What To Do If Your Pipes Freeze

If you open a tap and water doesn’t come out, or if you flush a toilet and it doesn’t refill, chances are you have a frozen pipe. Fortunately, you can still take measures to prevent or minimize damage.

  1. Turn off your water: If you suspect you have a frozen pipe, your very first course of action should be to shut off the water at the main valve or the meter in case the pipe does burst. Once the water is shut off, open up all the taps in your house. This will help relieve any pressure building up inside the lines.
  2. Thaw the pipe: When water isn’t coming out of a particular tap or refilling a specific toilet, begin by warming the connecting pipe. Gently use a hair dryer, starting at the faucet and working your way back.
  3. Work with a partner: A burst pipe can cause a lot of damage very quickly, so the faster you can figure out whether you have a leak, the less water damage you’ll be dealing with. When the pipe is thawed and you’re ready to turn the water on, recruit a friend or two to help you spot any leaks. Station your friend in an unheated area of your home, like your attic or crawlspace, to look and listen for leaks as you turn the water back on.

If a pipe has burst, you’ll immediately notice abundant water or a rushing sound in the walls. In this case, shut off the water to your house immediately and call a licensed plumber. If no apparent leaks are detected, check each of your faucets in turn. If you notice low water pressure at a particular fixture, you may have a slow leak in that line. You’ll want to call a plumber to investigate further. Visually inspect exposed pipes in your attic, crawlspace and utility room as well.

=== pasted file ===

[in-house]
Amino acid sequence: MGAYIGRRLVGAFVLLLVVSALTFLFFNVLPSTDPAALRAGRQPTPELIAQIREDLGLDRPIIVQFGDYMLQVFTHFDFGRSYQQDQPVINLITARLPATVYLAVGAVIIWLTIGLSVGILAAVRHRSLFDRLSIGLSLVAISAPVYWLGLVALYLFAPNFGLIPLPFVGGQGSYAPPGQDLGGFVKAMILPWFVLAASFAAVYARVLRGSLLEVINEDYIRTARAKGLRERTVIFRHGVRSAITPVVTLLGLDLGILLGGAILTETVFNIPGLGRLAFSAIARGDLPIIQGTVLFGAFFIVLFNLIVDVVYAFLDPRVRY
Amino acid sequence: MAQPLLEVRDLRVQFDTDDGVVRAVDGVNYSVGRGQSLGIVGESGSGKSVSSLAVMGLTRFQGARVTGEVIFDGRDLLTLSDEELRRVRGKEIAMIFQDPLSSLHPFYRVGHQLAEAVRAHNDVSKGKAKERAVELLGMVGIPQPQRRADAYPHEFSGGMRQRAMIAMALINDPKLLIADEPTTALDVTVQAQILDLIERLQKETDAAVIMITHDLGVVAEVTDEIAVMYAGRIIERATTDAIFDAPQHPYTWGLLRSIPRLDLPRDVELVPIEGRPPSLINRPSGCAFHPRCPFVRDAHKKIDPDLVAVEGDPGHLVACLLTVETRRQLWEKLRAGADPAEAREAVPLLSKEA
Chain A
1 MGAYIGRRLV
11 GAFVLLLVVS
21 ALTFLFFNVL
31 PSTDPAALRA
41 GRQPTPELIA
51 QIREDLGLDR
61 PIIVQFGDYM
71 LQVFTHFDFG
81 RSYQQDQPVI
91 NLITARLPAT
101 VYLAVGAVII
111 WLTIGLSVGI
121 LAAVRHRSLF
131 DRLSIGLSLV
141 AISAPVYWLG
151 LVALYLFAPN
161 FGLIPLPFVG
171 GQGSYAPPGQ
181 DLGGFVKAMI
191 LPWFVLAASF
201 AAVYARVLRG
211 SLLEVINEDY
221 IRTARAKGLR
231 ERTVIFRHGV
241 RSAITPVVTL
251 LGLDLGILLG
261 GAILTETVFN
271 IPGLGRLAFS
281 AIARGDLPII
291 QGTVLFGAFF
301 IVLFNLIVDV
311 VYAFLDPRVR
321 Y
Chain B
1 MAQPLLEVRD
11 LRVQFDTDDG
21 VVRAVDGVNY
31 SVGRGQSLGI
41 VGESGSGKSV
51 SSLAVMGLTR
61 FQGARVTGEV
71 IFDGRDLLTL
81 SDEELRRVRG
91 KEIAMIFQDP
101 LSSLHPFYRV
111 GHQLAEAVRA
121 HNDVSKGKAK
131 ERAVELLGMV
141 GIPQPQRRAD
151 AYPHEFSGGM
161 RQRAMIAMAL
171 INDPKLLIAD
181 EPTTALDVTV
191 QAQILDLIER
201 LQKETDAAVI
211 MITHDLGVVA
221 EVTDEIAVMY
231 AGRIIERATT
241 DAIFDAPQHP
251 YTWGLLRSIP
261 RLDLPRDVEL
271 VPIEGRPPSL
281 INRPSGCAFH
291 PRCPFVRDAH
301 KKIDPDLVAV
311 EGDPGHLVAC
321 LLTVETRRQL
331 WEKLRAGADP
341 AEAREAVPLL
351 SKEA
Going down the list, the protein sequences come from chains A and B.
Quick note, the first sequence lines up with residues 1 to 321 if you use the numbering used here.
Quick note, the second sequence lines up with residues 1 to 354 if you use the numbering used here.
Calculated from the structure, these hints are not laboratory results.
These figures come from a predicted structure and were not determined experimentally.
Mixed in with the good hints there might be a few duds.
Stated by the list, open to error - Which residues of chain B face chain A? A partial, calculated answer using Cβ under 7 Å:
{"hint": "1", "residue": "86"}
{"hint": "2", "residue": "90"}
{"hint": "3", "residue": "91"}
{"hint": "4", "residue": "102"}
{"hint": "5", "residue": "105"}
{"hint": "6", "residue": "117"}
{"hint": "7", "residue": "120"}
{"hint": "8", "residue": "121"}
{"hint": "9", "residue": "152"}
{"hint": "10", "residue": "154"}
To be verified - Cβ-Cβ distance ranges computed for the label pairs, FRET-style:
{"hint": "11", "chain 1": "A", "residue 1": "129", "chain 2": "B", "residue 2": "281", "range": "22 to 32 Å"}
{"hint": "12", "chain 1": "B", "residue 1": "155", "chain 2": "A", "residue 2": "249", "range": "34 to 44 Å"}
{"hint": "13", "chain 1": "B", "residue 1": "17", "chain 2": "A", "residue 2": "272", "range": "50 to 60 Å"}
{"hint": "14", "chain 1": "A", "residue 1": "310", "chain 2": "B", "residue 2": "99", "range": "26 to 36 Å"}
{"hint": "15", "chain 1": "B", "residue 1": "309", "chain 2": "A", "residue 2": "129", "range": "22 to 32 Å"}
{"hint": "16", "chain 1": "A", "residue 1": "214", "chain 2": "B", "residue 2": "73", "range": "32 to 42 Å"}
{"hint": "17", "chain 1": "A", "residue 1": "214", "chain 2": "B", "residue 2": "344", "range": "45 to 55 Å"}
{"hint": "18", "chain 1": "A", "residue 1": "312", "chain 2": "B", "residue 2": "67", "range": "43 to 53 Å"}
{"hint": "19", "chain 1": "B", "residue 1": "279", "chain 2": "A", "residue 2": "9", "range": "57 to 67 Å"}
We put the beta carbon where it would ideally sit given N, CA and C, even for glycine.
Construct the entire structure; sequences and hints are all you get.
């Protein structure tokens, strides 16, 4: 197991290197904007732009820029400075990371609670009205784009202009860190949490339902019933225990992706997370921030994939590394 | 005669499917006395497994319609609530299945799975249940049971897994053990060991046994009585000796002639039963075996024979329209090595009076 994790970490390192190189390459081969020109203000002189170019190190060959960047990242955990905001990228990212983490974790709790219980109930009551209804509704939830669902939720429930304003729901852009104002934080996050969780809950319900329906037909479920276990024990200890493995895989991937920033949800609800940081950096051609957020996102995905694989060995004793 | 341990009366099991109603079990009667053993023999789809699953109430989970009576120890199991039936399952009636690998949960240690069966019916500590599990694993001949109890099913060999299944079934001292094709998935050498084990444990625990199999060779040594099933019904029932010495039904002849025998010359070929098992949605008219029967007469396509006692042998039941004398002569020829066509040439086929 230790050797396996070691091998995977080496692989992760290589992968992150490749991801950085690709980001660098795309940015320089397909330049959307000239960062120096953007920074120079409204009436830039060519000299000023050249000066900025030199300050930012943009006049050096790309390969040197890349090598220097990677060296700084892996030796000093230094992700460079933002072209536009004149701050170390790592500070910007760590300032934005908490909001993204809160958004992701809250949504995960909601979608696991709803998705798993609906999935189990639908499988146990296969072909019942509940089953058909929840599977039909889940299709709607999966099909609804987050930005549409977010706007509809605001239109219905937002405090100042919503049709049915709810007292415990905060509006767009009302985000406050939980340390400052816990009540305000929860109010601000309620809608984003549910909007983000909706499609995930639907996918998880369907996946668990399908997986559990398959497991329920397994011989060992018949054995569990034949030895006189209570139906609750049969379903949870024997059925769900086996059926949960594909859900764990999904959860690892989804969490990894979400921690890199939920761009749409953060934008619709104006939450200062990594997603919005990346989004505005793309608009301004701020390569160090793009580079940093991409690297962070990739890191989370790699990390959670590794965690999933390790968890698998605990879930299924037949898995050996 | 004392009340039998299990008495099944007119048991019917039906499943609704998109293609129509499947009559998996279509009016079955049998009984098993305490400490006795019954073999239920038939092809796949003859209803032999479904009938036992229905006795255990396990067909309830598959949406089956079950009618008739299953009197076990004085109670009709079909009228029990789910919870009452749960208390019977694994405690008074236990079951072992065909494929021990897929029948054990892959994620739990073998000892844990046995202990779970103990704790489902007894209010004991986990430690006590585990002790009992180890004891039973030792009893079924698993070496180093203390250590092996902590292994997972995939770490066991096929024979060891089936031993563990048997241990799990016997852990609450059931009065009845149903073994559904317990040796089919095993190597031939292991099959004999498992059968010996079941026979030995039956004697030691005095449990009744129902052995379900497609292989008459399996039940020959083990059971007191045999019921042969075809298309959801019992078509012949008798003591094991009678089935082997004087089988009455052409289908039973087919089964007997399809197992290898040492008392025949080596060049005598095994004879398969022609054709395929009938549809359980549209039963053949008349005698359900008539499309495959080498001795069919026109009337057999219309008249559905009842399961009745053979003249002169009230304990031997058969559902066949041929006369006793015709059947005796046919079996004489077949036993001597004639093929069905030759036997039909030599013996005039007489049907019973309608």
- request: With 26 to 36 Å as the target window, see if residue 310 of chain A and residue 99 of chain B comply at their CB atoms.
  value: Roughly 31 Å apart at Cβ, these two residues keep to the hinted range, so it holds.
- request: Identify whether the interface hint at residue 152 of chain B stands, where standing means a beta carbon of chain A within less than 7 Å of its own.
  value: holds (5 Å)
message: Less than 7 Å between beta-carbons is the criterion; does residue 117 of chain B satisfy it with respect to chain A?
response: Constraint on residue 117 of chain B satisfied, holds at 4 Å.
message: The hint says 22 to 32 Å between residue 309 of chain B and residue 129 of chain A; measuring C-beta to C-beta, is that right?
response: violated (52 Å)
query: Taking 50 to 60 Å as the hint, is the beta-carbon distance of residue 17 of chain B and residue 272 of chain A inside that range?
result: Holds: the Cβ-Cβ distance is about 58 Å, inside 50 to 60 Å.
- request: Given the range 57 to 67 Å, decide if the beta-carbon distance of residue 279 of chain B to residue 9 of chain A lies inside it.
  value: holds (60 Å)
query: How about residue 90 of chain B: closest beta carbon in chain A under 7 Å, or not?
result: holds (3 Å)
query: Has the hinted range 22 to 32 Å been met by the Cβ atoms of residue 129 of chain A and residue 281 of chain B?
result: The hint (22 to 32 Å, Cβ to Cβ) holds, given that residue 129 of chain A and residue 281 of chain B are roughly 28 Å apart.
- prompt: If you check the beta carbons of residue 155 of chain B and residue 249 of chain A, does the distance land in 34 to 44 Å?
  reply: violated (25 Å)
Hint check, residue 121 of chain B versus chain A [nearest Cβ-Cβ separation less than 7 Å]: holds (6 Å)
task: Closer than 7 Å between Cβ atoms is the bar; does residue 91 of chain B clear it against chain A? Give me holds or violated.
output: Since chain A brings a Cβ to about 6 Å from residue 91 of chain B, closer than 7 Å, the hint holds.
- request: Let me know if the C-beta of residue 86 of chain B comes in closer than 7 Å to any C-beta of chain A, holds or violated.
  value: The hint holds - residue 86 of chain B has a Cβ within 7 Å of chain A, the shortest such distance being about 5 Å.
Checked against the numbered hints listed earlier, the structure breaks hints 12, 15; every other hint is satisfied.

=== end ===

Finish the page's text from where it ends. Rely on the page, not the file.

If Your Pipe Bursts

If you suspect a burst pipe, shut off the water to your home immediately and contact a licensed plumber to assess and address the situation. Water mitigation is imperative to minimize damage to the structure and contents, so act fast and be sure to hire a professional remediation company to start the drying out process. There are a lot of companies who claim to offer emergency service, but lag when it comes to such an emergency.  The longer a dwelling is aloud to sit with water, the more damage it will cost.

About the author: Joe Fiorilli